What Is El Monte, California Known For?

What Is El Monte, California Known For?

The intersection of Interstates 10 and 605 marks the location of El Monte, a city in the San Gabriel Valley just east of Los Angeles. As the tenth-largest city in the county, El Monte is known for its rich history and proximity to downtown LA. Anyone considering a move or a visit to Los Angeles County should explore this bustling urban center and see what it has to offer.

Early History of El Monte

In 1829, merchant and explorer Antonio Armijo established a trade route to the Mission San Gabriel, which became known as the Old Spanish Trail. It was primarily used to transport woolen products from New Mexico that Californians needed for their mules and horses. The route this trail took through El Monte is known today as Valley Boulevard.

In the early days, trade routes connected individuals from remote areas of the southwest and beyond, leading to new settlements and population growth. The Old Spanish Trail stretched as far east as Kansas City. The Workman-Rowland Party took the Old Spanish Trail from Santa Fe de Nuevo, Mexico, in 1841 to the Pueblo of Los Angeles, where the heads of the party were granted the Rancho La Puente in 1845.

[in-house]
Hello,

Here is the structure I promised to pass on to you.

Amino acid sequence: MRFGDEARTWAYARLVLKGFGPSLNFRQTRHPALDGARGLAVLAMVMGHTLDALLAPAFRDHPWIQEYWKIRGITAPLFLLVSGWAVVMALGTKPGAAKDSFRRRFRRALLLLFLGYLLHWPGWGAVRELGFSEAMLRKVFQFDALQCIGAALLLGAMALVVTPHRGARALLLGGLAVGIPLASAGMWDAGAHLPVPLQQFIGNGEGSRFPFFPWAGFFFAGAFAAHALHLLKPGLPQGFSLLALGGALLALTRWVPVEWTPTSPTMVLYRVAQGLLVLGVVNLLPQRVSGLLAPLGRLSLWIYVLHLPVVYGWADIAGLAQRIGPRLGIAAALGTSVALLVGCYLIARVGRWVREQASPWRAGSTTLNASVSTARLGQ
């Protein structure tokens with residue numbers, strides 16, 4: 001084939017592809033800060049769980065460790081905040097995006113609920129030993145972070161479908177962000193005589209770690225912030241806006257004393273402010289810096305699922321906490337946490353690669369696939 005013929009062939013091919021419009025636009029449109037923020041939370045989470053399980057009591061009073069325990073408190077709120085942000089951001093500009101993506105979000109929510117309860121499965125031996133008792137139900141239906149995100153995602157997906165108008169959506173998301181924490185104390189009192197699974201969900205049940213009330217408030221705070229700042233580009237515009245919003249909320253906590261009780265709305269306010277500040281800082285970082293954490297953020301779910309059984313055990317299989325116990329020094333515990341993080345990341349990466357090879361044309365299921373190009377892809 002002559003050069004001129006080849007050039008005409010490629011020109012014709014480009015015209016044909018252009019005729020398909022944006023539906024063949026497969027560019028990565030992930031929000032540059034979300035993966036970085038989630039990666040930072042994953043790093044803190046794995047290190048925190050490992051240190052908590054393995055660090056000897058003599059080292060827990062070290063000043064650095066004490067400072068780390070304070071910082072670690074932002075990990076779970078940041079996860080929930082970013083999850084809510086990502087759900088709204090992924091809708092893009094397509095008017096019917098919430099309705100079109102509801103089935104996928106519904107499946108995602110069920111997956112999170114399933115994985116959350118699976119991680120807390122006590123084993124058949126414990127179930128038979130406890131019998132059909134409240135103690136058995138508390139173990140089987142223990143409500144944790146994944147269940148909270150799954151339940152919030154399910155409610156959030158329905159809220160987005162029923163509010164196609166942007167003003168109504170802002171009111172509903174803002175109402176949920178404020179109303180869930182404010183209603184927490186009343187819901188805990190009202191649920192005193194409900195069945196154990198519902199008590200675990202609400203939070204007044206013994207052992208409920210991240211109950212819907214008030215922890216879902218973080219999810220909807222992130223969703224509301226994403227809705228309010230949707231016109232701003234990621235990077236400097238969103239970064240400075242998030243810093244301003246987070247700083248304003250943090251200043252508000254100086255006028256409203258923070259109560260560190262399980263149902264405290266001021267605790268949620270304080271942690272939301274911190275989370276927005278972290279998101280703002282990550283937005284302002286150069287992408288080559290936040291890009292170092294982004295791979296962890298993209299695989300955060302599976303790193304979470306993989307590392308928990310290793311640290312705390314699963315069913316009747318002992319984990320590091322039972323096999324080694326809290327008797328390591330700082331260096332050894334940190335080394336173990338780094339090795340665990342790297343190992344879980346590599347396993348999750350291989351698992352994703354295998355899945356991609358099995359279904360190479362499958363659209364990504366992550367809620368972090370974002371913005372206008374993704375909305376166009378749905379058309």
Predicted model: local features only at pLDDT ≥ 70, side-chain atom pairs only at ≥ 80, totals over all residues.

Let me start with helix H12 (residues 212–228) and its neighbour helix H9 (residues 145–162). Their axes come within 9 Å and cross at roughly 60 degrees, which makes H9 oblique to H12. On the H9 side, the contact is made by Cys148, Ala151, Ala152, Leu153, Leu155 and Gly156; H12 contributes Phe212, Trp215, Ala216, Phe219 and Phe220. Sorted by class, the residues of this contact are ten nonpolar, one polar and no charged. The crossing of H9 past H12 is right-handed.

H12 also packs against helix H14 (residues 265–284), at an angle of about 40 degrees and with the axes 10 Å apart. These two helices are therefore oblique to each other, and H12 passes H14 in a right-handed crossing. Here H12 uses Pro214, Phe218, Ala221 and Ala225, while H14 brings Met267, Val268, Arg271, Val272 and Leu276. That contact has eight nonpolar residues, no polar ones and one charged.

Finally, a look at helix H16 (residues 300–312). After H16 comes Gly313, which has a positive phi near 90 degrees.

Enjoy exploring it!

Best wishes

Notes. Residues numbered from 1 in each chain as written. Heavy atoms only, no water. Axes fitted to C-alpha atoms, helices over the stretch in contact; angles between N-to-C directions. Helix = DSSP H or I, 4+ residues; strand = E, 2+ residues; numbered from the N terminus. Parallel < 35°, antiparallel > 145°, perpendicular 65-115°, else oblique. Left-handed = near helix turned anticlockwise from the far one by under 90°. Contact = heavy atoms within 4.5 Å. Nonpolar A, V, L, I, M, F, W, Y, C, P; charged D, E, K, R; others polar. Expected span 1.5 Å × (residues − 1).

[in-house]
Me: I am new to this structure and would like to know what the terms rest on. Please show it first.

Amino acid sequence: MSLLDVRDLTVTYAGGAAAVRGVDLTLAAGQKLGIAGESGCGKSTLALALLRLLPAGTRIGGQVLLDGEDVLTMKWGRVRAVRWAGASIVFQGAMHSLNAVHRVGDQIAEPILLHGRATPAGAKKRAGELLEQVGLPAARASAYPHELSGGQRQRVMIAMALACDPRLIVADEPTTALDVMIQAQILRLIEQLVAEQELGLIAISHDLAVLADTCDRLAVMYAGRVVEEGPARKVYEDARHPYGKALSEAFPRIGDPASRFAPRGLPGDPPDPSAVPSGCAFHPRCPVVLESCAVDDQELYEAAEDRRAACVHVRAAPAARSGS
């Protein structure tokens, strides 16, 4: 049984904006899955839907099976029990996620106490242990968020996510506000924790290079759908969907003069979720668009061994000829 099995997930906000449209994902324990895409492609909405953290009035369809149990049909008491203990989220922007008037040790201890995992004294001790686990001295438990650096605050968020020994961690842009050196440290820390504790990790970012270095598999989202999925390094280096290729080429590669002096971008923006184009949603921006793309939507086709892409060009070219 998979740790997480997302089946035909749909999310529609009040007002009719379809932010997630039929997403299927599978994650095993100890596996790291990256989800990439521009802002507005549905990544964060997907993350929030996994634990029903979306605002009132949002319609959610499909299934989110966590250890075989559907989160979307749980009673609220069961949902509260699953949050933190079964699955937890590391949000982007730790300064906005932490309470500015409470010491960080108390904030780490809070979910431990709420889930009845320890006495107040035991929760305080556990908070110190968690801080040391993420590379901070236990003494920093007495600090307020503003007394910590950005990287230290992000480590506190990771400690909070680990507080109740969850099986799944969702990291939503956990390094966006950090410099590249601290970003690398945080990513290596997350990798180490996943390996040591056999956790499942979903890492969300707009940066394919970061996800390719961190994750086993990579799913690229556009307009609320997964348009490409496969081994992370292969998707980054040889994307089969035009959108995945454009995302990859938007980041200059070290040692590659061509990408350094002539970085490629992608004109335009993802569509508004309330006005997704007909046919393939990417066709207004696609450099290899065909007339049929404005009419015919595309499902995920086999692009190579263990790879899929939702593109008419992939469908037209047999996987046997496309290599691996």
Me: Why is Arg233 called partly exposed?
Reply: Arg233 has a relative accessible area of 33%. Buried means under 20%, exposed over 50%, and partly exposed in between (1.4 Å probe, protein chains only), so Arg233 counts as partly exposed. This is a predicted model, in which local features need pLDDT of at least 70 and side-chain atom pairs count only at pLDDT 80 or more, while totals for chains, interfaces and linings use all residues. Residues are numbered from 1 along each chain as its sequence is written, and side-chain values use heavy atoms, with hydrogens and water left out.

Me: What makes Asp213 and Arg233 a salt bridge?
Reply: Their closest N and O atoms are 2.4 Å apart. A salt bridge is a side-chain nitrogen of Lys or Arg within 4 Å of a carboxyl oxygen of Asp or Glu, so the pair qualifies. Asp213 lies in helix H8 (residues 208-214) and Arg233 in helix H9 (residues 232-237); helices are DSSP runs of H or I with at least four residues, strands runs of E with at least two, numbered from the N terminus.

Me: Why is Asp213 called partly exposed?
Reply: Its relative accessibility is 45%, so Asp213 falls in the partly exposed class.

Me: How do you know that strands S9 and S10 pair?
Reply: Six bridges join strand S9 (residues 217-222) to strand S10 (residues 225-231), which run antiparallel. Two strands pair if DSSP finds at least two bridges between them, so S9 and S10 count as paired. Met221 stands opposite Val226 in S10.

As of 1848, the Santa Fe Trail ran through the area and connected to the Pueblo of Los Angeles via the Mormon Road out of Utah and the Southern Emigrant Trail. This meant that many travelers passed through El Monte or used it as a stop-off, with some settling there. As California became a destination for American immigrants seeking wealth in the gold rush, the location became a prime place to live. By about 1850, transplants from as far away as Missouri, Arkansas, and Texas were calling El Monte home.

El Monte as a Thriving Settlement

For a brief time in the 1850s, settlers from the east called the small town “Lexington,” but that fell by the wayside as many preferred the original “El Monte.” The early settlement was primarily an agricultural community, as those who settled there discovered the rich, fruitful land along the banks of the San Gabriel River.